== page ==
#127. Traveling Through Space

How many of us have grown up dreaming of being an astronaut? So often, the appeal of floating high above the Earth’s surface, observing the universe from a unique perspective, and exploring the unknown of space are what drive many people to become the select few individuals who get to become astronauts. Unfortunately, for the rest of us who don’t qualify for NASA’s rigorous program or don’t have enough money to let Richard Branson put us in orbit, we have to resort to other means to travel through space. Of course, the primary method for moving through space is using our imagination. There are ways of heightening our imagination, either through the creativity of others or by taking hallucinogenic substances. While I don’t condone the latter, the former is a great way to explore the vastness of our existence. This week’s two films are loosely about traveling across the vast emptiness of space.

                                        The Hitchhiker’s Guide to the GalaxyThe Hitchhiker's Guide to the Galaxy
Year: 2005
Rating: PG
Length: 109 minutes / 1.82 hours

Science fiction has long been the staple of imagining what space is like. Distant worlds and spacecraft to get us there fuel our ideas of “the final frontier.” Sure Star Trek would be the obvious choice for a movie about traveling through space, but what if we wanted to travel by ourselves? We wouldn’t even know where to start. That’s where The Hitchhiker’s Guide to the Galaxy (2005) comes in. Not only is it an endless source of useful information, but it also comes with the handy advice “Don’t Panic” emblazoned on its cover. If we don’t have the resources to get out to the furthest reaches of the galaxy, hitchhiking is always a viable alternative. But don’t let this lull you into thoughts that it would be easy: space is incredibly big. And since it’s so big, there’s a lot that could go wrong there. So, if you have your towel, are you ready to stick your thumb out and grab a ride?

Since Earth is one of the last places in the galaxy to be explored, what are the chances you’ll be picked up if you manage to get into space? Pretty slim, but not nil. This is what Arthur Dent (Martin Freeman) and Ford Prefect (Mos Def) learn after they are kicked off a Vogon Constructor fleet after narrowly escaping the destruction of Earth. They’re picked up by the starship Heart of Gold, and join its crew of Marvin the Paranoid Android (Alan Rickman), Zaphod Beeblebrox the President of the Galaxy (Sam Rockwell), and Tricia “Trillian” McMillan, a woman Arthur knew from Earth (Zooey Deschanel). Zaphod is using the improbability drive of the starship to find the Question of Life, the Universe, and Everything to match the answer calculated by Deep Thought: 42. In their travels, they encounter many strange creatures and situations, but they learn that Arthur is the only chance they have to learn the question.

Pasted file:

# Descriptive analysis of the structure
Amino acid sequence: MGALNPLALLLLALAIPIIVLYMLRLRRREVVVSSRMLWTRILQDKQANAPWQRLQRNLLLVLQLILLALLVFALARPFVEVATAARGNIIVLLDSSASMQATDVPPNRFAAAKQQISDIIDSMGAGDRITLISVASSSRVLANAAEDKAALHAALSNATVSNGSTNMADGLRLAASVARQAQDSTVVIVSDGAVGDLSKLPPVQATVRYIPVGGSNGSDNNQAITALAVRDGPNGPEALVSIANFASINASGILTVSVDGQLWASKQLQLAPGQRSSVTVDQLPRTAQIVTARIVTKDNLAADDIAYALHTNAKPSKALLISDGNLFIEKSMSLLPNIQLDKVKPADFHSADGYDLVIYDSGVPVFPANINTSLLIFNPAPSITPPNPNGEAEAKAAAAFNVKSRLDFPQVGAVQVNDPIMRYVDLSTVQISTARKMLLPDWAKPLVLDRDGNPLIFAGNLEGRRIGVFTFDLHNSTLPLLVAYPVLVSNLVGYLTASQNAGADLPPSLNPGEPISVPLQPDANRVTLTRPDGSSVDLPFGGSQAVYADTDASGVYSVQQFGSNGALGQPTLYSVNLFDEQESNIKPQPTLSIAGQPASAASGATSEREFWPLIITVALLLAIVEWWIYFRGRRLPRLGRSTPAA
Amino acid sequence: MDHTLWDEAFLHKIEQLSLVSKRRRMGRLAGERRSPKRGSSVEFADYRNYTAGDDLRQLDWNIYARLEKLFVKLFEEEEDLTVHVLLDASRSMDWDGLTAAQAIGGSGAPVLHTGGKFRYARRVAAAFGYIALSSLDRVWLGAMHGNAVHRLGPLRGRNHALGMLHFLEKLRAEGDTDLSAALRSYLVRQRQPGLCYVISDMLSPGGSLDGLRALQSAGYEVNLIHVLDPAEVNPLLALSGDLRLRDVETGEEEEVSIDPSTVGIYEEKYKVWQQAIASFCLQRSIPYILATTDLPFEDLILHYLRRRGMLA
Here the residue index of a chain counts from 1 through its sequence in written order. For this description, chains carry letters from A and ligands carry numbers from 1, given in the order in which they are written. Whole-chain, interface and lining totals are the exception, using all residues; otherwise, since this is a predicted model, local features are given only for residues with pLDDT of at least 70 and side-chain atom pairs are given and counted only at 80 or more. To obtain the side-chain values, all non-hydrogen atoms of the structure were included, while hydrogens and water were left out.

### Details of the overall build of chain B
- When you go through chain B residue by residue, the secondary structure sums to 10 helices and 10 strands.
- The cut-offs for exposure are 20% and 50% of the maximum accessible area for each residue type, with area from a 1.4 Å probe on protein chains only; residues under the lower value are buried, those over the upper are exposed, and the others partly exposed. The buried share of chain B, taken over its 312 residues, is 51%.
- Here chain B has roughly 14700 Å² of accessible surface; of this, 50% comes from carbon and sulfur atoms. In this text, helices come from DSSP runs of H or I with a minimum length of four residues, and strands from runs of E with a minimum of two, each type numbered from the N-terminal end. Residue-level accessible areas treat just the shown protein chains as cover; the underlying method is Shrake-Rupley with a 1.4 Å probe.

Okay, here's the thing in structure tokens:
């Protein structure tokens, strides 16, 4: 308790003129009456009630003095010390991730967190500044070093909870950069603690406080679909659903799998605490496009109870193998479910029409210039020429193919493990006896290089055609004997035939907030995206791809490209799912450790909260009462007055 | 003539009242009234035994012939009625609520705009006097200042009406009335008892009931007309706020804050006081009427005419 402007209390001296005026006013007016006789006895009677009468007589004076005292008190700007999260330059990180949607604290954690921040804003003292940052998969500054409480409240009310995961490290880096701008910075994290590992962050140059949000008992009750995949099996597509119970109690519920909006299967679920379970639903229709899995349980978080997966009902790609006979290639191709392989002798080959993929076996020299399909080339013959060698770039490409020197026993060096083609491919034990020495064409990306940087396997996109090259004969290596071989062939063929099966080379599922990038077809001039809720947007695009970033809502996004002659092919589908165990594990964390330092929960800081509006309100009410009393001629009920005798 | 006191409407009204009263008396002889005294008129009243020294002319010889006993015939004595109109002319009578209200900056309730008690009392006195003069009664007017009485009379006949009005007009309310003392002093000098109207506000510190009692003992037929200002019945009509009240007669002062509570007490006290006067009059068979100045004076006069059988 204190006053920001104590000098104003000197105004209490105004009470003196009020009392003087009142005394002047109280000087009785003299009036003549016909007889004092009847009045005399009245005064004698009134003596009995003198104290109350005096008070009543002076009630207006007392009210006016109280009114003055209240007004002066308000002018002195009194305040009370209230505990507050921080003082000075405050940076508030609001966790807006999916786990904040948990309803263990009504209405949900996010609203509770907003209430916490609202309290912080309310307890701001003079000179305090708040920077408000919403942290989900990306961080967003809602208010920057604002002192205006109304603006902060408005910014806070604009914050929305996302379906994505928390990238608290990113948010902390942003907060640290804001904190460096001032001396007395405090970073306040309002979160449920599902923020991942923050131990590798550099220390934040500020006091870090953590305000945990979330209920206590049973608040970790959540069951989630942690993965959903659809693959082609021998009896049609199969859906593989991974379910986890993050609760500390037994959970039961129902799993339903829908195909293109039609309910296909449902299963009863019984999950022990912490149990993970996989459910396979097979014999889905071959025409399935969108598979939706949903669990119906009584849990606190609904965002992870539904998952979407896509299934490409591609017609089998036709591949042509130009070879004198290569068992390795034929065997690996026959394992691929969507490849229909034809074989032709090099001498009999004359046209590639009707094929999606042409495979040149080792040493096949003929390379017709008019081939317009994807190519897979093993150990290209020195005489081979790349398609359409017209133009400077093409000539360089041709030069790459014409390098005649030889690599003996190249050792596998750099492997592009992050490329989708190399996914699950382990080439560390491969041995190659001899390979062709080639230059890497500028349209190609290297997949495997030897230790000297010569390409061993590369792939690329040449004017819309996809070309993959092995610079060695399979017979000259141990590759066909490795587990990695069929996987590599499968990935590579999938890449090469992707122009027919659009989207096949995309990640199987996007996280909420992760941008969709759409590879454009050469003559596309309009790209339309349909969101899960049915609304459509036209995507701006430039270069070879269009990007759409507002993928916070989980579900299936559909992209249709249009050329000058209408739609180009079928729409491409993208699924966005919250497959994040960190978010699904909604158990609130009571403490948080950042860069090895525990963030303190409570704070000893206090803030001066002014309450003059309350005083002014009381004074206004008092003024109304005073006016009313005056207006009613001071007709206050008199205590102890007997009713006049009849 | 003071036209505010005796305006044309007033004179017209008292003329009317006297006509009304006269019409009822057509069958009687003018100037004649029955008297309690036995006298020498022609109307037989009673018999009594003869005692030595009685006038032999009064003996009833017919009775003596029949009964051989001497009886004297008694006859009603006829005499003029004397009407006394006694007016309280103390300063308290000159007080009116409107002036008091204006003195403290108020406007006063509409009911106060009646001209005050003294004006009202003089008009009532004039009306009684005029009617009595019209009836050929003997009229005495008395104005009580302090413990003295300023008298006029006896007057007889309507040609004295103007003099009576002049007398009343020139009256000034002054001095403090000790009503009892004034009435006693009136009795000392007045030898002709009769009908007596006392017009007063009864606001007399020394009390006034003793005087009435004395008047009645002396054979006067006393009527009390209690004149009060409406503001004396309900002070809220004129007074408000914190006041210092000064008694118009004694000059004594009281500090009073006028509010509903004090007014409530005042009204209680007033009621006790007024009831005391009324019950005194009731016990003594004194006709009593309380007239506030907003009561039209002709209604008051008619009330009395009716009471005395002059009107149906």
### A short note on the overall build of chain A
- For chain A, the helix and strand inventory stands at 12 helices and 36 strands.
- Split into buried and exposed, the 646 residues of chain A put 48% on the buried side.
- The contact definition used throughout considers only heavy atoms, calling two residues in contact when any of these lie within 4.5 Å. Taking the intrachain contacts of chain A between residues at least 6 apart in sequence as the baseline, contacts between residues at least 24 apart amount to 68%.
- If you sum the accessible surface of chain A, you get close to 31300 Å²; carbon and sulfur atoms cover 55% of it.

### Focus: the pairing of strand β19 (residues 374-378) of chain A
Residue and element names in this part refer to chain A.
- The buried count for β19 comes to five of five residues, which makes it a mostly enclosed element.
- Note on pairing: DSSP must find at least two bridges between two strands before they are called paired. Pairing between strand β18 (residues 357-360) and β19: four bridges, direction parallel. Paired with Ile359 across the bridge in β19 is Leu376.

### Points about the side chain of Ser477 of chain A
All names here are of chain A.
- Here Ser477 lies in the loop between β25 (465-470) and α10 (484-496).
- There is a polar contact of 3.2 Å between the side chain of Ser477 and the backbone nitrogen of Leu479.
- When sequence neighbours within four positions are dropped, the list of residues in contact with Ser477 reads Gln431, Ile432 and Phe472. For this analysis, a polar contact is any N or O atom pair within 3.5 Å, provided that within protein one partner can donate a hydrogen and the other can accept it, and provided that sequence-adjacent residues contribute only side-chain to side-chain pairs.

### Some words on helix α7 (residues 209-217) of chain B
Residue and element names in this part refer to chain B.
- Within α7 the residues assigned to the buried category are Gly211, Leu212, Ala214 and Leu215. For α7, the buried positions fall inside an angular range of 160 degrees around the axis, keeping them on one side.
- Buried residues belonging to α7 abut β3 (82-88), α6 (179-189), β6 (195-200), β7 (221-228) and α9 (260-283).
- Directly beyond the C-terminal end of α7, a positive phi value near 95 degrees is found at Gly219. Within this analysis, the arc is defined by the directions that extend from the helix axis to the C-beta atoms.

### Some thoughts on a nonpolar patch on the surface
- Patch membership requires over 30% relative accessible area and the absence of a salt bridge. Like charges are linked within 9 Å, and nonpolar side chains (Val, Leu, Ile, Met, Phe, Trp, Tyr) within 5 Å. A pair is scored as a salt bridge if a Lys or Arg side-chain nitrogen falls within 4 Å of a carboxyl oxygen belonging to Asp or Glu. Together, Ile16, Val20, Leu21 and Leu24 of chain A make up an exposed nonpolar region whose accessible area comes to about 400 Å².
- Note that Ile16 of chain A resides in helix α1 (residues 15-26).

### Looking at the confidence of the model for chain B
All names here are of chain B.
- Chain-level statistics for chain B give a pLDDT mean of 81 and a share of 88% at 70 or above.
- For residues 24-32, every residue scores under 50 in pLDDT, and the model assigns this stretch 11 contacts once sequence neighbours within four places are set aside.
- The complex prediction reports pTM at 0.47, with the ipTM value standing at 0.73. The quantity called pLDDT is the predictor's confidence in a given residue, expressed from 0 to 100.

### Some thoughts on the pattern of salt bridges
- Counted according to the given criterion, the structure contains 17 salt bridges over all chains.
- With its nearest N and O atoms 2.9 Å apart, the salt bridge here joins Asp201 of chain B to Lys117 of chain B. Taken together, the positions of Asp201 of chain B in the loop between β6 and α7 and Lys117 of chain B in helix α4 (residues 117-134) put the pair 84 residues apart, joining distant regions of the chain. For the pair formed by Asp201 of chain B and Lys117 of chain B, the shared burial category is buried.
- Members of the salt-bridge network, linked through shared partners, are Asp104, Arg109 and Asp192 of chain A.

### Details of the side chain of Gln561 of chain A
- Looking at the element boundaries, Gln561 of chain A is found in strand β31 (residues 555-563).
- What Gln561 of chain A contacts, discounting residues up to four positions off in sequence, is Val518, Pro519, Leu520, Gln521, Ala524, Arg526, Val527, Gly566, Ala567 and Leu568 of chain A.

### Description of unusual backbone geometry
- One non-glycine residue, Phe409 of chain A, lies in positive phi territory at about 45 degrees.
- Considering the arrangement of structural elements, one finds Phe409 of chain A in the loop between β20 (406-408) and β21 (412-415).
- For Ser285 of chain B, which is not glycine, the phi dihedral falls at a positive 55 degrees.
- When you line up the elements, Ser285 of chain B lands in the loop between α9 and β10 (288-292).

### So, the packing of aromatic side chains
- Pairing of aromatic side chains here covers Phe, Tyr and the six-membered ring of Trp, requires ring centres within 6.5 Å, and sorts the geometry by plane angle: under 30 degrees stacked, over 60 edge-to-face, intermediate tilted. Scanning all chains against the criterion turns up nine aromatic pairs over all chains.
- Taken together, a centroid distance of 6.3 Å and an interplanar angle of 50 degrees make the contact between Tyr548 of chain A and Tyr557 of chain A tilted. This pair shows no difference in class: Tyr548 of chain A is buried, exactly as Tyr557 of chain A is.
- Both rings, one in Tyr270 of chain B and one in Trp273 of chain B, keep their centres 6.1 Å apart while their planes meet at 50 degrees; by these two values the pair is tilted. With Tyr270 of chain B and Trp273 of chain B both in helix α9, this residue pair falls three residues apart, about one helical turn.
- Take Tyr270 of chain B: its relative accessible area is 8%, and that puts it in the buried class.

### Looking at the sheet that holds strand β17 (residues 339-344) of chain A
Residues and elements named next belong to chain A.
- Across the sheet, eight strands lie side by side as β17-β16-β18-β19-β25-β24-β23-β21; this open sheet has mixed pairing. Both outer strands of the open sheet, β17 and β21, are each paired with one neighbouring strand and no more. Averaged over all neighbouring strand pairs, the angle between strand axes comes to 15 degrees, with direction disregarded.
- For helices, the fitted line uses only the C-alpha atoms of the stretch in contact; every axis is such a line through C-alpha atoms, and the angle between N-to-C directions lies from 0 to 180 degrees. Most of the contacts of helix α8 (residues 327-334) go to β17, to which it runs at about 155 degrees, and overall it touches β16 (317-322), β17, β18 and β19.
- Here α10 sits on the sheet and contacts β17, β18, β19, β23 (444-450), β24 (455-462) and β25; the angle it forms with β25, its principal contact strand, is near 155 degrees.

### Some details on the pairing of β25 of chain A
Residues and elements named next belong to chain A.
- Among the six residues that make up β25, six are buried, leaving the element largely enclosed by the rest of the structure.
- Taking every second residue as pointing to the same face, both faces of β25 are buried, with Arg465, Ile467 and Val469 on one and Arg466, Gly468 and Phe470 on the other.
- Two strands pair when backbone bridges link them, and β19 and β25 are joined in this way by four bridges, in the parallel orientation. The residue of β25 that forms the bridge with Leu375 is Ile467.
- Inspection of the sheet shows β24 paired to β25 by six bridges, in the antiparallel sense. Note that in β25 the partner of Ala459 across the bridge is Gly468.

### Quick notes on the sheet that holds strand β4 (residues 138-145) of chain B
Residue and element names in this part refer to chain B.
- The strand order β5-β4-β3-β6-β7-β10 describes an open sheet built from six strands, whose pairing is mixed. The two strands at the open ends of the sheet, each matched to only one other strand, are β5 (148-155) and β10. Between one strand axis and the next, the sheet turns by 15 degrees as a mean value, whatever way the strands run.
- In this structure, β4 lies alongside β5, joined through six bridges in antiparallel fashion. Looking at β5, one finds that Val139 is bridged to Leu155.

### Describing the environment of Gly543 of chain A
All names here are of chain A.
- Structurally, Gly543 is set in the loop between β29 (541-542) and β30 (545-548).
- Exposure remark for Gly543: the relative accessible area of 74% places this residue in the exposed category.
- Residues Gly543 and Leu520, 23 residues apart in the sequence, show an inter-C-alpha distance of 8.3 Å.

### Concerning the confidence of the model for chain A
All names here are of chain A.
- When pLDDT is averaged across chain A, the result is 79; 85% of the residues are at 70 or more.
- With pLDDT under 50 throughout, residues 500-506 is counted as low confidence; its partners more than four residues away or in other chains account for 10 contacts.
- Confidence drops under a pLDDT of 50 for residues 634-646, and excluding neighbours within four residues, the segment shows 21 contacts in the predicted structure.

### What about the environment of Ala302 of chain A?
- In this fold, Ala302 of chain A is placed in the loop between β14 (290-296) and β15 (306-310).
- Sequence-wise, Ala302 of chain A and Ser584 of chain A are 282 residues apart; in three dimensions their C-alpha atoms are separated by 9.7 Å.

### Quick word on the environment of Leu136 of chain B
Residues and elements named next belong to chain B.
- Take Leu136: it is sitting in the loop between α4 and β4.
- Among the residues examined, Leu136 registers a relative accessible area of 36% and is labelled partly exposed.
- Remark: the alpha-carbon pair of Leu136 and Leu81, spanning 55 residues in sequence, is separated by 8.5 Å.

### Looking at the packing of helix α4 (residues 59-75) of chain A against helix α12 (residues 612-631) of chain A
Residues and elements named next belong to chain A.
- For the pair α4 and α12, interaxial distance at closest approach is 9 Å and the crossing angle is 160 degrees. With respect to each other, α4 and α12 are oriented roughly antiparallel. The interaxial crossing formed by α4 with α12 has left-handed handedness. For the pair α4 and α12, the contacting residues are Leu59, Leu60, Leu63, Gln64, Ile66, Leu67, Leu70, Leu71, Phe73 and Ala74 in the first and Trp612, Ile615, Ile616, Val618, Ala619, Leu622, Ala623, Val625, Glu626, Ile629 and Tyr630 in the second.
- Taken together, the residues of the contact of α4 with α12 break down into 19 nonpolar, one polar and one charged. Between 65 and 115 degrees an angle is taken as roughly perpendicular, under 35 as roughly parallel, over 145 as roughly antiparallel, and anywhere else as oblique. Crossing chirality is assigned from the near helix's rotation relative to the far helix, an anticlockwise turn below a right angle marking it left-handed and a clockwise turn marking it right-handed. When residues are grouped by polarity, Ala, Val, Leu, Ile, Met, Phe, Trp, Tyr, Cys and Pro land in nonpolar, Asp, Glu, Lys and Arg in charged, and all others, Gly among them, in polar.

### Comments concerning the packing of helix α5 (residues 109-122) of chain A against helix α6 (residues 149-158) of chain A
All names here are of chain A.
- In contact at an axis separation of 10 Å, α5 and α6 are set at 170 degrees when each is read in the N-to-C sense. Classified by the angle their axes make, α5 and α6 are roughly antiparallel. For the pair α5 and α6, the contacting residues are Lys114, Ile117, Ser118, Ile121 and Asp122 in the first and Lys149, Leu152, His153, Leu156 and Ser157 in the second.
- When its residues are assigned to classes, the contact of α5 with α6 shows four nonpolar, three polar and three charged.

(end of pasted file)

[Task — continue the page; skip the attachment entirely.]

Across the UniverseAcross the Universe
Year: 2007
Rating: PG-13
Length: 133 minutes / 2.21 hours

Another way to travel through space is to take a trip. This, of course, refers to a “trip” in the psychedelic 1960s definition, which undoubtedly influenced many black velvet paintings of unicorns streaking across starry skies interweaved with extraterrestrial planets. While one will also note that the moon landing was in 1969, there is no question the dominant force in music at the time of the 1960s was The Beatles, especially since their career spanned the entire decade. While their earlier material was reminiscent of the musical culture of the 1950s, as the ’60s evolved, so did their style, eventually producing such trippy songs as “I am the Walrus,” “Revolution 9,” and the titular “Across the Universe.” And yet, even though this trip across the universe might be enhanced by psychedelic substances, there is still a beauty to the imagery and lyrics presented in these strange songs.

The film Across the Universe (2007) took the entire Beatles discography and mashed 30+ songs into a cohesive narrative based loosely on the events of the 1960s. Jude (Jim Sturgess) travels from Liverpool to find his father, but along the way befriends Max (Joe Anderson) who takes Jude home for Thanksgiving. This is where Jude meets Lucy (Evan Rachel Wood) and immediately falls in love with her. Jude and Max move to New York where Sadie (Dana Fuchs), Jojo (Martin Luther McCoy), and Prudence (T. V. Carpio) join the group of friends. Lucy eventually comes to visit when her boyfriend is killed in Vietnam. Now she is free to fall in love with Jude. As Max is drafted off to war, Lucy joins the anti-war movement, which causes Jude to question her fidelity. As the group splits up and goes their separate ways, a rooftop concert brings them all back together so that Jude can confess his love to Lucy one last time.